After completing the pancreatic resection, a Roux-en-Y jejunal loop was prepared. The jejunum was identified and divided using a stapler, 40 cm from the Treitz ligament. An end-to-side pancreatojejunostomy was then performed. A row of 3-0 coated polyglactin 910 sutures (Vicryl; Ethicon Products, Johnson & Johnson, Somerville, NJ, USA) with interrupted stitches was placed between the jejunal serosa and the posterior side of the pancreatic capsule for apposition. The jejunum was opened with a Harmonic scalpel, suitable for a distal pancreatic stump. The posterior layer was performed with a continuous or interrupted 3-0 Vicryl suture between the pancreas (parenchyma and capsule) and the full thickness of the jejunum. The anterior layer was performed in the same way as the posterior layer (Figure 3). Finally, a side-to-side jejunojejunostomy was performed with an endoscopic linear stapler (Endocutter 60 stapler, white cartridge). The abdominal cavity was reviewed and drained.

Figure 3
figure 3



LCP was performed successfully for all the patients. The splenic vessels and the spleen were preserved in all patients. Perioperative data are shown in Table 1. Their median age was 44.6 years (range 35 to 57 years). Eight patients were female and two male. One patient was admitted because of epigastric pain for 1 week; the others were found by chance during routine physical exams, and were asymptomatic. The median operative time was 271 min (range 250 to 310 min) and the median loss of blood was 104 ml (range 80 to 150 ml). The mean tumor size was 51 mm (range 38 to 62 mm). All patients received complete resection with a negative surgical margin. An average number of 5.8 lymph nodes were resected without metastases. The median first flatus time was 2 days, and median starting time for diet was 3 days. The median postoperative hospital stay was 13 days (range 10 to 23 days). Two patients experienced a postoperative pancreatic fistula (grade A), which was managed conservatively and ultimately cured, and the drainage tubes were removed on postoperative days 17 and 20, respectively. The hospital stay for these patients was 20 days and 23 days, respectively. The other patients recovered well after surgery. The median follow-up was 22.9 (3 to 48) months at which point all patients were alive with no recurrence. None of the patients developed exocrine or endocrine insufficiency. No hospital mortalities occurred in our patient group.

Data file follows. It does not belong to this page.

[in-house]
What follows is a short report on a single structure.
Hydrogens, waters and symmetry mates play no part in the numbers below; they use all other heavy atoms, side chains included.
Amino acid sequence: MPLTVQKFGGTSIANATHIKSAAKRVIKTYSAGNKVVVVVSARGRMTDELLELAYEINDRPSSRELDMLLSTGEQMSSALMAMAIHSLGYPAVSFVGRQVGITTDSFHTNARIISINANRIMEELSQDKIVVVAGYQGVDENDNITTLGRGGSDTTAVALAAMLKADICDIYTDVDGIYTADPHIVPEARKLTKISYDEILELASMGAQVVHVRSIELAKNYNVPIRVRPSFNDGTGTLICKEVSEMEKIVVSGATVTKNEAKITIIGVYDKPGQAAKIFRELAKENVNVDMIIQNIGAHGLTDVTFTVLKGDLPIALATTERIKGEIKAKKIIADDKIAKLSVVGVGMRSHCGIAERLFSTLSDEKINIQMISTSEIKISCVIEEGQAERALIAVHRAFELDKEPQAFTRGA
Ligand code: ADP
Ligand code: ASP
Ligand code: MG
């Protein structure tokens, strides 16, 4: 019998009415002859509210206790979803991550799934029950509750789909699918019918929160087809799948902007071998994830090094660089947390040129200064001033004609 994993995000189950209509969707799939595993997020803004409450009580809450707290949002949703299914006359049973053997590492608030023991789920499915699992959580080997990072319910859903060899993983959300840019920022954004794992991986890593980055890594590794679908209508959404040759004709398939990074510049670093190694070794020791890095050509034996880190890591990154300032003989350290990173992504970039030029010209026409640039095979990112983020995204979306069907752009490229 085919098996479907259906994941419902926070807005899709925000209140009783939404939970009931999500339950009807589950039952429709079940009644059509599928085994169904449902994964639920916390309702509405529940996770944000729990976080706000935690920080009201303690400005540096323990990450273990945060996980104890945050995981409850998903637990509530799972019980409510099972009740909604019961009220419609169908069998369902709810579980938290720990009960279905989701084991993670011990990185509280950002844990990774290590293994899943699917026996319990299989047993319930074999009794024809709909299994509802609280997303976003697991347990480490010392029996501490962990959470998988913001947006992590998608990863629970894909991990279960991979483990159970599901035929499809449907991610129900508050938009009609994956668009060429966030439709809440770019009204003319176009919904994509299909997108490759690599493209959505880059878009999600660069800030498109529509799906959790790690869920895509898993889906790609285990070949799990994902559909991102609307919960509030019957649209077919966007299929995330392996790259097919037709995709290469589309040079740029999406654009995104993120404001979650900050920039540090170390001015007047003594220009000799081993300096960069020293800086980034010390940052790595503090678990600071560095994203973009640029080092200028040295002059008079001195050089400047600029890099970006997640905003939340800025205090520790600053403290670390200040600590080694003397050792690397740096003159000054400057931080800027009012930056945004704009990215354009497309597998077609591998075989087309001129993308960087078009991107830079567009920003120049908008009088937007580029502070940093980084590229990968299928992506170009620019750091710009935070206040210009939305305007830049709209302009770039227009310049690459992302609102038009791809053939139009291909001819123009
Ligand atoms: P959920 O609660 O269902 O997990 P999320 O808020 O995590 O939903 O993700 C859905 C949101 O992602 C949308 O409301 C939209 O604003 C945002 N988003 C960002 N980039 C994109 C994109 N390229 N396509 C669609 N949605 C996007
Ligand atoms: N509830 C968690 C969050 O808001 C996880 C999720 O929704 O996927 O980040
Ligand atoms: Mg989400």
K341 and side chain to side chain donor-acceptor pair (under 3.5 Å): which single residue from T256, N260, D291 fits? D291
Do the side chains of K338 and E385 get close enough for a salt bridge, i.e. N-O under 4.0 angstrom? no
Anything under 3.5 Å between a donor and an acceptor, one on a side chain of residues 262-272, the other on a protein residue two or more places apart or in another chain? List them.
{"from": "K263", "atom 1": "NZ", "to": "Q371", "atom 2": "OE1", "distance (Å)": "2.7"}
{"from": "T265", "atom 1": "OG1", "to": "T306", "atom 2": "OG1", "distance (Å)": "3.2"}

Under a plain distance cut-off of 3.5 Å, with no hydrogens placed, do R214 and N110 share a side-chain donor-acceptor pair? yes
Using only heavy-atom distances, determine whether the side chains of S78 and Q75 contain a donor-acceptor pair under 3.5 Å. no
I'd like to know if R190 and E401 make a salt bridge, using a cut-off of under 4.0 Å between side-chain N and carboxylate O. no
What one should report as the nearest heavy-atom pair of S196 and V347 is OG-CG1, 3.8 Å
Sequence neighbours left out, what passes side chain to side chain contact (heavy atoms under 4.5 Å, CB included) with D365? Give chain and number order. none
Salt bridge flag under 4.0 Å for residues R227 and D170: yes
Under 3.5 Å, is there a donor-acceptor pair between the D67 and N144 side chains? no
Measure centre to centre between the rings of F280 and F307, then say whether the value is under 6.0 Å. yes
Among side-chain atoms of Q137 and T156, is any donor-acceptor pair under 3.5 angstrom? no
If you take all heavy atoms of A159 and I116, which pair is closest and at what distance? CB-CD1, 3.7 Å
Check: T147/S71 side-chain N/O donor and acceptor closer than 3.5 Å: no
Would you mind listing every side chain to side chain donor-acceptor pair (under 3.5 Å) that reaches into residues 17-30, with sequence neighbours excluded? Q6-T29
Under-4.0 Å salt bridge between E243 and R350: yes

Table 1 Surgery-related information and postoperative outcomes


Laparoscopic pancreatic surgery has undergone significant development in the last few years. The majority of procedures are left pancreatectomy and enucleations [810]. More complex pancreatic resections such as pancreatoduodenectomies, resections of the uncinate process of the pancreas and central pancreatectomies are performed routinely in very few centers [11, 12].

The first surgical resection of a pancreatic SPT was performed in 1970 and the first laparoscopic SPT resection was in 2003 [13, 14]. The first series of laparoscopic SPT resection (ten cases) was published by Cavallini et al. [15] in 2011. However, there have been few reports of LCP for SPT of the pancreas. Most of these articles are case reports and small series. The two largest series of LCP, with six and nine cases, respectively, reported morbidity rates of 33.3% and 33.3% with pancreatic fistula rates of 33.3% and 22.2%, respectively, with no mortality [16, 17]. A review of 512 patients from 21 series who underwent an open central pancreatectomy reported an overall morbidity rate of 41% (range 13% to 62%), a pancreatic fistula rate of 27% (range 0% to 62%) and a reoperation rate of 4% (range 0% to 21%) [18]. Our series with ten cases had a morbidity rate of 20% (two cases of a pancreatic fistula), similar to what has been reported. In a comparative study, the outcomes after a central pancreatectomy were compared with a control group that underwent extended left pancreatectomy for neoplasms in the mid pancreas [19]. After a median follow-up of 54 months, the incidences of endocrine and exocrine insufficiency after the central pancreatectomy were 4% and 5%, respectively, compared to 38% and 15.6% in patients who underwent an extended distal pancreatectomy. In this study, we have not observed any recurrence or pancreatic endocrine or exocrine insufficiency.